Disease Ecology of the Blue Crab and its Parasite Hematodinium perezi in the Maryland and Virginia Coastal Bays

Kristen Ann Lycett and Joseph S Pitula, University of Maryland Eastern Shore, Princess Anne, MD, United States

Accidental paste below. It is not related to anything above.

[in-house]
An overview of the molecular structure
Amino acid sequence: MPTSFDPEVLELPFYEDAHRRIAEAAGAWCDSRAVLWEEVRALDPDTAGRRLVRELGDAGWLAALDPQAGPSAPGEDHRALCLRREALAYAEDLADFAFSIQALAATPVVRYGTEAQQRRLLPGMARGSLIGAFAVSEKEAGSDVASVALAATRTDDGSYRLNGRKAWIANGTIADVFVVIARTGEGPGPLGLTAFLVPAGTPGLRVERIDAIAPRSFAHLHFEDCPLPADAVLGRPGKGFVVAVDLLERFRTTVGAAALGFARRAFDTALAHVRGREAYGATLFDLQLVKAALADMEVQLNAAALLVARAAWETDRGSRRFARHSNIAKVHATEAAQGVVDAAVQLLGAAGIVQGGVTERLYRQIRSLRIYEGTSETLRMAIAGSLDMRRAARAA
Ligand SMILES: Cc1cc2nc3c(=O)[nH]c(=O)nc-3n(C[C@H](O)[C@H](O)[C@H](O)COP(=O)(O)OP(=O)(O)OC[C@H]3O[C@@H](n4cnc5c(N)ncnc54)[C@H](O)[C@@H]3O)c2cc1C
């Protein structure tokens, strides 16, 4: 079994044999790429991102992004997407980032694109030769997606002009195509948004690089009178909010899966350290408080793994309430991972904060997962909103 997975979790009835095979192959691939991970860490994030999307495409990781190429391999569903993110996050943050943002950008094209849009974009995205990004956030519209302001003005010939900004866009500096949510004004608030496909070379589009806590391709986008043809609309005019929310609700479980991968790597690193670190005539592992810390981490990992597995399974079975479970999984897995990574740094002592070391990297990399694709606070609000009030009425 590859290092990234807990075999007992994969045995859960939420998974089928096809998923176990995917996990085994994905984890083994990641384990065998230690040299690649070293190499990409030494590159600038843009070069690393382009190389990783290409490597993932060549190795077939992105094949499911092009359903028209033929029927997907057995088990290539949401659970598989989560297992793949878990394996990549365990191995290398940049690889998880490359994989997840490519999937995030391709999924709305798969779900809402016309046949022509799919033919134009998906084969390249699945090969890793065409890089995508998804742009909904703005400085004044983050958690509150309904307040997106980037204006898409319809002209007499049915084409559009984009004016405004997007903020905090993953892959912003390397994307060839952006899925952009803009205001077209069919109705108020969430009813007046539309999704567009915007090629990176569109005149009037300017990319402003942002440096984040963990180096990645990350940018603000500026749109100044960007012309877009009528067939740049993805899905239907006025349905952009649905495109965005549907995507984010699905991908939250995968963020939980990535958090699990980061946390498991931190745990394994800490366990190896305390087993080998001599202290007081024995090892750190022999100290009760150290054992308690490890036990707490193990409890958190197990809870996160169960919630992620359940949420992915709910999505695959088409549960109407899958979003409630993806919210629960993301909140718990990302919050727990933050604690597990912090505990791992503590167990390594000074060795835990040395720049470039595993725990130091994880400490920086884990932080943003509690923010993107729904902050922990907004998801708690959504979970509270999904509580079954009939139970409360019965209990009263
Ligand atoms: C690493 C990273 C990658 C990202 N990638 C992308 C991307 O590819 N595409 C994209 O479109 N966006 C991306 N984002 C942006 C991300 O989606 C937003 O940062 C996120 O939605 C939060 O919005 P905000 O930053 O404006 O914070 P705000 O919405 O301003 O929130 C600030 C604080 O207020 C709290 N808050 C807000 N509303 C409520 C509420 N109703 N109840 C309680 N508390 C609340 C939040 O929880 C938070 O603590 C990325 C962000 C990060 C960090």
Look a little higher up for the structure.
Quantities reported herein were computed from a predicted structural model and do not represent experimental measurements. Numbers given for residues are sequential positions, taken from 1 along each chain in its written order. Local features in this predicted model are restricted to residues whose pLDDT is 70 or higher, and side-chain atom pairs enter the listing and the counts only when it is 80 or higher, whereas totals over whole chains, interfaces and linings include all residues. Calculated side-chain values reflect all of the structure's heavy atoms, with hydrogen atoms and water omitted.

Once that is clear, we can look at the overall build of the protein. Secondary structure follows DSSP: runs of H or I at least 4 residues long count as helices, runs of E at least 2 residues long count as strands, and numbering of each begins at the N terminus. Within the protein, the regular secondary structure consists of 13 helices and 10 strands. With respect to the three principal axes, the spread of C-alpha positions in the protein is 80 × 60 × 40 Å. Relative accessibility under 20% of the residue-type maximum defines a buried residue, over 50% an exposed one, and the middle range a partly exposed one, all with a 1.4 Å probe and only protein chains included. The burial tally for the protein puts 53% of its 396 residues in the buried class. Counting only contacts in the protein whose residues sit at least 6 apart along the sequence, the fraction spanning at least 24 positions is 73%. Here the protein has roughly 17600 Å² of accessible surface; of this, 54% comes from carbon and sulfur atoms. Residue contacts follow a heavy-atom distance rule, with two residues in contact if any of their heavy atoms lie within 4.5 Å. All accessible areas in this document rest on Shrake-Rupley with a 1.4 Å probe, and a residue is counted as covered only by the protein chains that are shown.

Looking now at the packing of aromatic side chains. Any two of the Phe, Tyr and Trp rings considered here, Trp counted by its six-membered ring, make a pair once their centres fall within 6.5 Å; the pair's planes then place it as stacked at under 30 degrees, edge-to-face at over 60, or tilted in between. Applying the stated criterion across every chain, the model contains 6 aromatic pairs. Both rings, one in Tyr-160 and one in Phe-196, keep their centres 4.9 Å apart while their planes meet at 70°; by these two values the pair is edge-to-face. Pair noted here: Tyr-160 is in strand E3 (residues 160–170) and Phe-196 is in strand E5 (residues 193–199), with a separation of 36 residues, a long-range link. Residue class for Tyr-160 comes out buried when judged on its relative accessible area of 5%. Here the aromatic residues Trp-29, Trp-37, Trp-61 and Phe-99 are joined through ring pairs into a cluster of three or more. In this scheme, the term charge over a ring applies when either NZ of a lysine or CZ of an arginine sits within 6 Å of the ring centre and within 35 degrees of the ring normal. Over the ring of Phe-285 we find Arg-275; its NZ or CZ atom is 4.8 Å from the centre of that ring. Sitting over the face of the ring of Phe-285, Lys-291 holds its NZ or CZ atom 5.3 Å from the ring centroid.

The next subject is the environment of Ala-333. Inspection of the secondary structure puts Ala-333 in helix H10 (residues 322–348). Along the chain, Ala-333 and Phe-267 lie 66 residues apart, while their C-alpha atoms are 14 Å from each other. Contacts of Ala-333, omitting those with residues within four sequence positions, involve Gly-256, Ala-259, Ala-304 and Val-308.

A primary ecological consideration for parasitic systems is the close relationship between host and parasite. Changes in host ecology, such as shifts in habitat usage or seasonality, can lead to extinction for a parasite. In light of this, parasites must quickly respond and adapt to these changes. Such adaptations may be integral to parasites such as Hematodinium, a dinoflagellate known to infect a number of crustacean species worldwide. In conjunction with the National Park Service and the Maryland Department of Natural Resources, we are conducting a long term study monitoring Hematodinium perezi in blue crabs, Callinectes sapidus, within the Maryland and Virginia coastal bays. Through the use of qPCR, we are able to identify and monitor parasite DNA in environmental samples as well as crab hemolymph and tissues. Our data show that parasite DNA is present in the water column in all months sampled (February to November). This suggests that H. perezi may be a year round member of dinoflagellate communities and that alternative hosts may be involved in the life cycle. To this end, we have identified parasite DNA in sand shrimp, Crangon septemspinosa. This species is active throughout the entire year in this system and may serve as a reservoir during winter months when blue crabs are senescent. This senescence does not occur in warmer regions, such as the Gulf of Mexico, which suggests that the jump to this alternative host may be an adaptation of the parasite to changes in host ecology.